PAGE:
- Rainbow Albion -
(Fable of the English Orphan)
Serenity grants a peaceful home
In the rainbow Albion, free to roam,
The mind and reverie of skin and bone
Forever together, never alone.
Ghosts of clipper ships which once made their way along the river, materialised themselves to the Orphan as he witnessed a tide rising and retreating as one with himself. Washing up and washing over in the stream of growth and refracting in the motions and histories of the ever-transforming river, the Orphan stood in witness as a city grew. The conflations of worlds which once sailed upon this water indelibly marked the boy. It came to him that nothing exists in and of itself except the sentience of nature and manifestation of energy, spirit and reflection. It led him to meditate upon the cadence of the life in front of him, both roaring up and ebbing away. Latency impregnated the rhythms as everything became inter-changeable. This was the liquid world, where intuition absolved and reformed; where the concentric nature of fire and water carried the soul of continuous creation, liberated in the absence of self, identity, memory and divergence. Lineaments became indistinguishable in this state of perfect liquidity; the mind became the culmination of all things, of all experience.
The English Orphan never let the reverie distract himself from the fact his world was material. His reality became what he believed as the mind exists to know. It was an inevitable circle of fate which played over to the same conclusion, the same seeds which caused beginnings to arise anew. With innovation we build our own kingdoms, ideas consume themselves; existing worlds breakdown to create new ones. The reverie began in contemplation of the previous multimillenea of ten thousand years, where technology became more nimble to biology’s plod. Culture evolved amidst fits of fantastic musing that in all this time, all time became caught up in him and the cut of his cloth. A permanent acceleration of evanescence bought the whole cosmology, the history of the mind and the history of the man, into ever clearer focus. The spirit kept on. The Orphan, so versed at the heart of reality, lit his own guidance. He engaged in the language, in the world, in the imagination; in the promise and lure of the encirclement as the culture imitated each new and consuming rampage.
We owe unto ourselves that we owe to each other. As the sentient self becomes the energy in the atom at the heart of the flower, it too becomes the energy at the heart of the bee which hovers above, and the energy transfixed in the eye which spies this bee moves toward the deep blue sky of an existence itself amid existences of themselves in whorls of particles passing through. The Orphan pondered over Blake’s Auguries, of the heaven in the flower, in the grain of sand. He pondered over Jerusalem and the apex of a civilisation as the point which permanently moves us on. The Jerusalem he found in the river was the euphemism for the liquid existence, transforming with motion and time; he was at the cusp of the creative liquidity of the unthinkable and unimaginable origins of the soul which in their exultation and affirmation gradually become the sensual life. Intuition became capital. He found an apostle to perfect refraction in the brim-full of the freshly-poured drink, and he found a disciple in the empty glass as messages came and went. The Indo-European conflation was bound up in him, bound in the fabric he wore to inch-perfect precision. The amalgamation of words and worlds which existed before him materialised the ghosts of clipper ships. This was undoubtedly England. He was on the river. This was the rainbow Albion.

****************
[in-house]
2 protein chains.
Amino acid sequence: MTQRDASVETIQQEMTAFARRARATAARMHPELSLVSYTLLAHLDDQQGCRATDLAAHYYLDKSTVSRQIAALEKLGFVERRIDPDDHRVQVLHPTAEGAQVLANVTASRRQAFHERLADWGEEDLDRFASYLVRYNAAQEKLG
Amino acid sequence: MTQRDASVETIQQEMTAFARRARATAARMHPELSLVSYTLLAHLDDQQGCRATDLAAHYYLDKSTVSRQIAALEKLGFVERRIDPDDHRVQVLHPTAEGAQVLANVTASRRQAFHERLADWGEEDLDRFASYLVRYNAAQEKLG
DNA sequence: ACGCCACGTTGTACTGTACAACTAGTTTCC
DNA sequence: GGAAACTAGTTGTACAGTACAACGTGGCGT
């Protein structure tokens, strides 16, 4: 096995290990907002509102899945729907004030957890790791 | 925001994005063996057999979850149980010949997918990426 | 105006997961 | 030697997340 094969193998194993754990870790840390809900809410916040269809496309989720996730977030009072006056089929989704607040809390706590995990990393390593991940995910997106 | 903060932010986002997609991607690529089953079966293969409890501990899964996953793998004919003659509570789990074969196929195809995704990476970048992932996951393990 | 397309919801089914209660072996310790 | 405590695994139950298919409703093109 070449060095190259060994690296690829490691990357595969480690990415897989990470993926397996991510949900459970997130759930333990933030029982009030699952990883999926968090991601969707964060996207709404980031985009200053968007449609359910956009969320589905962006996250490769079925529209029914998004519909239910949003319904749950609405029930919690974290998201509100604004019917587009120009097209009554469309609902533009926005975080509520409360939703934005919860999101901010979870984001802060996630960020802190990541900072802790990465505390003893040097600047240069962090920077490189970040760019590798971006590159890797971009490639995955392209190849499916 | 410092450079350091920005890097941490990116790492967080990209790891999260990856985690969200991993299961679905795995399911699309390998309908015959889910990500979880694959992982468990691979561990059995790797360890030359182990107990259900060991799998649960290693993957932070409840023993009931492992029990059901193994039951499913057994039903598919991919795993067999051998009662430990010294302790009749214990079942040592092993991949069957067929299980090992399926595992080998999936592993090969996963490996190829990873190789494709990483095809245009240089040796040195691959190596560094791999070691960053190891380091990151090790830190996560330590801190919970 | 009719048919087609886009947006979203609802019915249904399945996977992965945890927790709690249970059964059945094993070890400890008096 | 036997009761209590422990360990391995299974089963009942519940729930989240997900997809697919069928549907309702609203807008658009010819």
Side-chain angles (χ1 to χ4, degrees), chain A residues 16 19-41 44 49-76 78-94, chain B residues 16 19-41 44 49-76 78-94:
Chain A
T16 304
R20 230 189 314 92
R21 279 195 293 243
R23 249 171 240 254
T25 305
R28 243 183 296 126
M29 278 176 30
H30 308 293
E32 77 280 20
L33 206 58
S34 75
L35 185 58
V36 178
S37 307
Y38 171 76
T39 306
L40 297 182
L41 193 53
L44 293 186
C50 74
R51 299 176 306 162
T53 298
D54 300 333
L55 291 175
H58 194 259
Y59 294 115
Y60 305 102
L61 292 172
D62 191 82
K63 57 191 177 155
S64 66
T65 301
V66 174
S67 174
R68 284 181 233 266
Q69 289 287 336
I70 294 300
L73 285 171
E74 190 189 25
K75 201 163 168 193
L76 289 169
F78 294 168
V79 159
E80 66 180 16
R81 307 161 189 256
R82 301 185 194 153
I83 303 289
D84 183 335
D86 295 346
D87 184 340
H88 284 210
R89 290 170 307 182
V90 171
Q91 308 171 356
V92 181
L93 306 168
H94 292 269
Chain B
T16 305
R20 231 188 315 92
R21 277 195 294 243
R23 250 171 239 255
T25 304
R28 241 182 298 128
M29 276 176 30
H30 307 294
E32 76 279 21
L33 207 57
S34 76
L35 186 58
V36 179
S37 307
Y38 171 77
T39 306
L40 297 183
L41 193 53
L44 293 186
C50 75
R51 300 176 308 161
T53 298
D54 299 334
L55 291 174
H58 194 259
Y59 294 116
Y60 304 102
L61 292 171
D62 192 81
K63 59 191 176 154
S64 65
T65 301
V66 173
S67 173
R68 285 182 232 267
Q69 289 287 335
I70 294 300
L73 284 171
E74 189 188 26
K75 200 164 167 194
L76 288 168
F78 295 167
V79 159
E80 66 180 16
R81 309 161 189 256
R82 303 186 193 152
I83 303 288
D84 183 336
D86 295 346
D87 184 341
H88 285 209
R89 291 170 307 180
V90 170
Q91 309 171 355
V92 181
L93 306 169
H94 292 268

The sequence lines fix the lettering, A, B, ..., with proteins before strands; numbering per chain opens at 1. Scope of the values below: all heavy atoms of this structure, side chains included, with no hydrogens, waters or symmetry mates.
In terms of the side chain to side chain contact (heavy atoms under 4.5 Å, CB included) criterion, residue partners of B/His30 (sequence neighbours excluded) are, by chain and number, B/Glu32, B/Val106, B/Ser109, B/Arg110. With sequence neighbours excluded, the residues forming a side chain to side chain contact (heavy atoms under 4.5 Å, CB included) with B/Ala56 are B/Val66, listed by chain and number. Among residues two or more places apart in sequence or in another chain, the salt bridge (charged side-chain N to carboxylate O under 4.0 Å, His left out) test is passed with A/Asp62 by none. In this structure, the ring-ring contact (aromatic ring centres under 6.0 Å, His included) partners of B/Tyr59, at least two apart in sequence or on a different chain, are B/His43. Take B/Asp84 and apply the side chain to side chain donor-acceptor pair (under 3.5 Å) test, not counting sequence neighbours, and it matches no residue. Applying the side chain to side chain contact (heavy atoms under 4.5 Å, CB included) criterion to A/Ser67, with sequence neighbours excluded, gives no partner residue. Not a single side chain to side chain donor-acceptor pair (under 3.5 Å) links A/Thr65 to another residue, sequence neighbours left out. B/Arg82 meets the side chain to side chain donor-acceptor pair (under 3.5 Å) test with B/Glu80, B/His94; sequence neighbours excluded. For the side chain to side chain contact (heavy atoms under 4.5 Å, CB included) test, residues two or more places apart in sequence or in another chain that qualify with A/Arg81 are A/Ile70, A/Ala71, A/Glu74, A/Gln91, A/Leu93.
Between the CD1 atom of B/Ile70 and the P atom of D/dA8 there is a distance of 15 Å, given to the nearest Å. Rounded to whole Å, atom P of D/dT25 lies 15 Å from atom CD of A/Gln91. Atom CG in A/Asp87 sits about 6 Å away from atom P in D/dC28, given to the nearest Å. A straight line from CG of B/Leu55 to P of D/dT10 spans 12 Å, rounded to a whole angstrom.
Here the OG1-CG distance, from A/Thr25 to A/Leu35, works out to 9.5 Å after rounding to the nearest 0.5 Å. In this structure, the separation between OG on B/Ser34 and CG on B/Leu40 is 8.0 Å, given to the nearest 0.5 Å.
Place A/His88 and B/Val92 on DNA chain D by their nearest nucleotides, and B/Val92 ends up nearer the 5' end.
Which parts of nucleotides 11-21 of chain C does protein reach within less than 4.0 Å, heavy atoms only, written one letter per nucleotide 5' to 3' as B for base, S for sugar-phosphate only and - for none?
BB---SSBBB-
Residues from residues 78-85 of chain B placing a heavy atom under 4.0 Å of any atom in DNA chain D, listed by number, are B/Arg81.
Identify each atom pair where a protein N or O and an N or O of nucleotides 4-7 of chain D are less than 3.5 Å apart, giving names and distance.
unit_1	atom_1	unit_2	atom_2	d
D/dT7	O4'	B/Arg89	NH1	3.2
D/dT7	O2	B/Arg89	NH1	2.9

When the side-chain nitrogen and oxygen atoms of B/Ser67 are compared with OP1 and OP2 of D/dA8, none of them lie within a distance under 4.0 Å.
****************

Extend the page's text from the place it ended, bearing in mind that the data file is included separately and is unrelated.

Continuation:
Under the aegis of meditative insight, the Orphan transcended the somnolent tread of the distributive modern world and its deference to vocation which passes from man to man; and it protected him too from the confusion of emotional impressions which isolate the soul from itself. It was in this world that money mimicked its own liquidity. Here the Orphan could be remote, but never unresolved in the gradual progress the spirit made in experience to dematerialisation and to re-birth. The Indian’s had a word for this cycle, and although the English were more pragmatic of the samsara, it meant the same thing. Awakening was not a religious experience of a god manifesting itself, but of reality; within this reality is one’s self in approximations of kinship. The nature of things may languish temporarily, but they never die; generating in the ever-alternating polarity, in the apprehension and comprehension of reality. In his rarefied and wrought atmosphere he escaped into the timelessness of ideas, art, liberty, fashion, creativity and progress without anguish, contrivance or vulgarity; becoming both independent and universal. He made it new. He raised himself in first nature. Reality was not an abstraction, not even in the harried world of events, passion, and instinct. This fable is not a story as such; it’s an account of the history of occurrences in between the pictures and the words. As time passes by, it’s as much an account of the creativity of the dress-maker as it is anything, and the form of the garb he imagines.